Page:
Secrecy Over Executions Faces Challenges
Trend Not to Divulge Details Such as Provenance of Lethal-Injection Drugs Has Triggered Lawsuits by Condemned
By Ashby Jones
The Wall Street Journal
July 27, 2014
Details on capital punishment have gone behind the curtain, a trend that states call necessary but death-penalty opponents contend allows execution methods that may violate the U.S. Constitution.
The latest battle over secrecy culminated last week in Arizona’s execution of Joseph R. Wood III, a convicted murderer whose death by lethal injection took nearly two hours and was marked by repeated bouts of labored breathing.
State officials had disclosed basic facts about the execution, but they had refused to divulge other information, largely relying on an Arizona statute that shields the identity of executioners. The U.S. Supreme Court allowed the execution to proceed. …
Many states have long had laws like Arizona’s, designed largely to protect state employees from retribution. Other states, including Georgia, Tennessee and South Dakota, have in recent years changed their laws to cut access to information about pending executions, including the provenance of the lethal-injection drugs and information on why states chose the protocols they did.
The move toward secrecy comes as states struggle to carry out capital punishment in a way that comports both with the Constitution’s ban on “cruel and unusual punishment” and the desire for executions that are less gruesome than older methods, such as the electric chair or death by hanging.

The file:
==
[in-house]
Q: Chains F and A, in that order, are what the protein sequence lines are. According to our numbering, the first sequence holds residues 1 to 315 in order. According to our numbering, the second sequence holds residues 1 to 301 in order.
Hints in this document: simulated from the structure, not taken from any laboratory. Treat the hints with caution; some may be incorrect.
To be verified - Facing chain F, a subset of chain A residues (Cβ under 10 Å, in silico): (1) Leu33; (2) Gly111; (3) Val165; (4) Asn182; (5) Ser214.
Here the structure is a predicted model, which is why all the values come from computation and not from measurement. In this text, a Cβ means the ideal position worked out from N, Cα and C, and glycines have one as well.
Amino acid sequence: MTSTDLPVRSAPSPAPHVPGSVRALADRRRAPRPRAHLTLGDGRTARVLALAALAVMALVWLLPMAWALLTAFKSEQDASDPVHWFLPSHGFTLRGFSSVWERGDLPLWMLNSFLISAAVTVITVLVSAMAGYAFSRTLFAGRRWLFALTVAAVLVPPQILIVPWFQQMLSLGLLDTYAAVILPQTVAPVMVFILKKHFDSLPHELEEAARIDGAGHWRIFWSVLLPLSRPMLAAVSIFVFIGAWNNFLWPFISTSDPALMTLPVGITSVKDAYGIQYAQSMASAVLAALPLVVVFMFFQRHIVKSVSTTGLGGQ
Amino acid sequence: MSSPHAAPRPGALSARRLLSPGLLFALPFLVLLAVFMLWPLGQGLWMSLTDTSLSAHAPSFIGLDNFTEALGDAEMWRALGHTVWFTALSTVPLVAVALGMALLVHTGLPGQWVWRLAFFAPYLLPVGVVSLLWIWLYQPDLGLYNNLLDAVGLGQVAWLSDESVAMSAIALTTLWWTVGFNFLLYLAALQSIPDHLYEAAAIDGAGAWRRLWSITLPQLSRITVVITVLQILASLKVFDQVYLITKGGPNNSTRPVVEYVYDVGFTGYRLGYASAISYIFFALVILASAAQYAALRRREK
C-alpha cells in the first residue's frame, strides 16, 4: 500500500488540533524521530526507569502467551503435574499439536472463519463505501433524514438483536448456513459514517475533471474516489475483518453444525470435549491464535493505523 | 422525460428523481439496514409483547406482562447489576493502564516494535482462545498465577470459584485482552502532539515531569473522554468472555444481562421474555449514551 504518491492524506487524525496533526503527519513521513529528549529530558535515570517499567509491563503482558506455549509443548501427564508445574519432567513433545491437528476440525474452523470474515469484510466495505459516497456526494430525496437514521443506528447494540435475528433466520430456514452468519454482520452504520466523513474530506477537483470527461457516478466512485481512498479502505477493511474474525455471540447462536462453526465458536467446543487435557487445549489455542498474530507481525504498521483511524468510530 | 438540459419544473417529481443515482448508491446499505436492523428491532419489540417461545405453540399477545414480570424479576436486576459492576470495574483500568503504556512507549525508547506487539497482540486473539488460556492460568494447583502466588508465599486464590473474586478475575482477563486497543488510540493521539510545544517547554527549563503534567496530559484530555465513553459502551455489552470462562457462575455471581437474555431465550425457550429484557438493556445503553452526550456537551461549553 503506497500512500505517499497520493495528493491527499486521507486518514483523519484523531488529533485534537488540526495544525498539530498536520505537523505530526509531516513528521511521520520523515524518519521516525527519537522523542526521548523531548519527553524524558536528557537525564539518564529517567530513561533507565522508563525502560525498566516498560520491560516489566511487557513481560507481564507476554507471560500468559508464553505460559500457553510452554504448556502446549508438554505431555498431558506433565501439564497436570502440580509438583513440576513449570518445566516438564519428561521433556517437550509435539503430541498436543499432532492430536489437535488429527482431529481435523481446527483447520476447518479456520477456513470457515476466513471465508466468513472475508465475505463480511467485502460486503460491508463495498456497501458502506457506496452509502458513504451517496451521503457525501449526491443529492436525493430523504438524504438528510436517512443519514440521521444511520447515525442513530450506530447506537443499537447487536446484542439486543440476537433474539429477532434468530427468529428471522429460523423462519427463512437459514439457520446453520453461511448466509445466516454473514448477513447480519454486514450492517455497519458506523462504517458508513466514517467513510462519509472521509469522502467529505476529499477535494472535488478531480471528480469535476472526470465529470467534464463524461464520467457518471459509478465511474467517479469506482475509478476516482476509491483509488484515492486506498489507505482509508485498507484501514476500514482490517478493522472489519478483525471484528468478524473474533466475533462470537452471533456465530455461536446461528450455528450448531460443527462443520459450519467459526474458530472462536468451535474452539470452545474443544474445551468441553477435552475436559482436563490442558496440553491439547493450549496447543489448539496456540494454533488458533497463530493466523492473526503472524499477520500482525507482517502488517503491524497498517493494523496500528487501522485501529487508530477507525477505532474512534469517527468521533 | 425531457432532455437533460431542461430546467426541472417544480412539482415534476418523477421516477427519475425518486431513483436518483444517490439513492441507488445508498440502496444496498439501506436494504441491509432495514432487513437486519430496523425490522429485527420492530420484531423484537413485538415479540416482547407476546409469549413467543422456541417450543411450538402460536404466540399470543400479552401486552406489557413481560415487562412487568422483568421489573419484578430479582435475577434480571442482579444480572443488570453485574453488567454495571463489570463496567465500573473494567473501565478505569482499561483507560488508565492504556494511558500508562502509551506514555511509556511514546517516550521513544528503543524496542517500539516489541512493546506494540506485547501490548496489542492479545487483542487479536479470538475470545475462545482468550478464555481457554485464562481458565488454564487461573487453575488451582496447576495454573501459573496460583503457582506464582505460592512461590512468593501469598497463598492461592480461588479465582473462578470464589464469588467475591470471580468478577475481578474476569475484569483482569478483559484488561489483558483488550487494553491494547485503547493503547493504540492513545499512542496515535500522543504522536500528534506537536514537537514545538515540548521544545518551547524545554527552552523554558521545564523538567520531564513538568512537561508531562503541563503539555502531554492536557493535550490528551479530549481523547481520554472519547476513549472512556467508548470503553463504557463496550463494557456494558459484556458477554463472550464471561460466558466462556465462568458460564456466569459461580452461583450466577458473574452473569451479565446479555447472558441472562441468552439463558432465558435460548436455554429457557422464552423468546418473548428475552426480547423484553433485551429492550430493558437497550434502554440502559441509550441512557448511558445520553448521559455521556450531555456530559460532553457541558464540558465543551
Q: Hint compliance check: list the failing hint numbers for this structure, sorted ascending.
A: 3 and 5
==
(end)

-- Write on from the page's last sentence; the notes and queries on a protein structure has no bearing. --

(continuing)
But the trend has triggered a wave of lawsuits by the condemned, who argue they need details about the procedures, some of which rely on new drugs largely untested in lethal injections and have led to drawn-out executions. Without the information, they argue, they are unable to determine whether an execution runs the risk of causing needless pain and possibly violating the Constitution. …
States argue the disclosure of sensitive information, especially about the pharmacies involved, might jeopardize executions by making drugs even harder—or impossible—to obtain. …
Experts predict the issue ultimately will reach the U.S. Supreme Court. “Sooner or later, the justices are likely to weigh in,” said Eric M. Freedman, a law professor at Hofstra University and counsel to several death-row inmates challenging Florida’s policies. “The stakes are just too high.”
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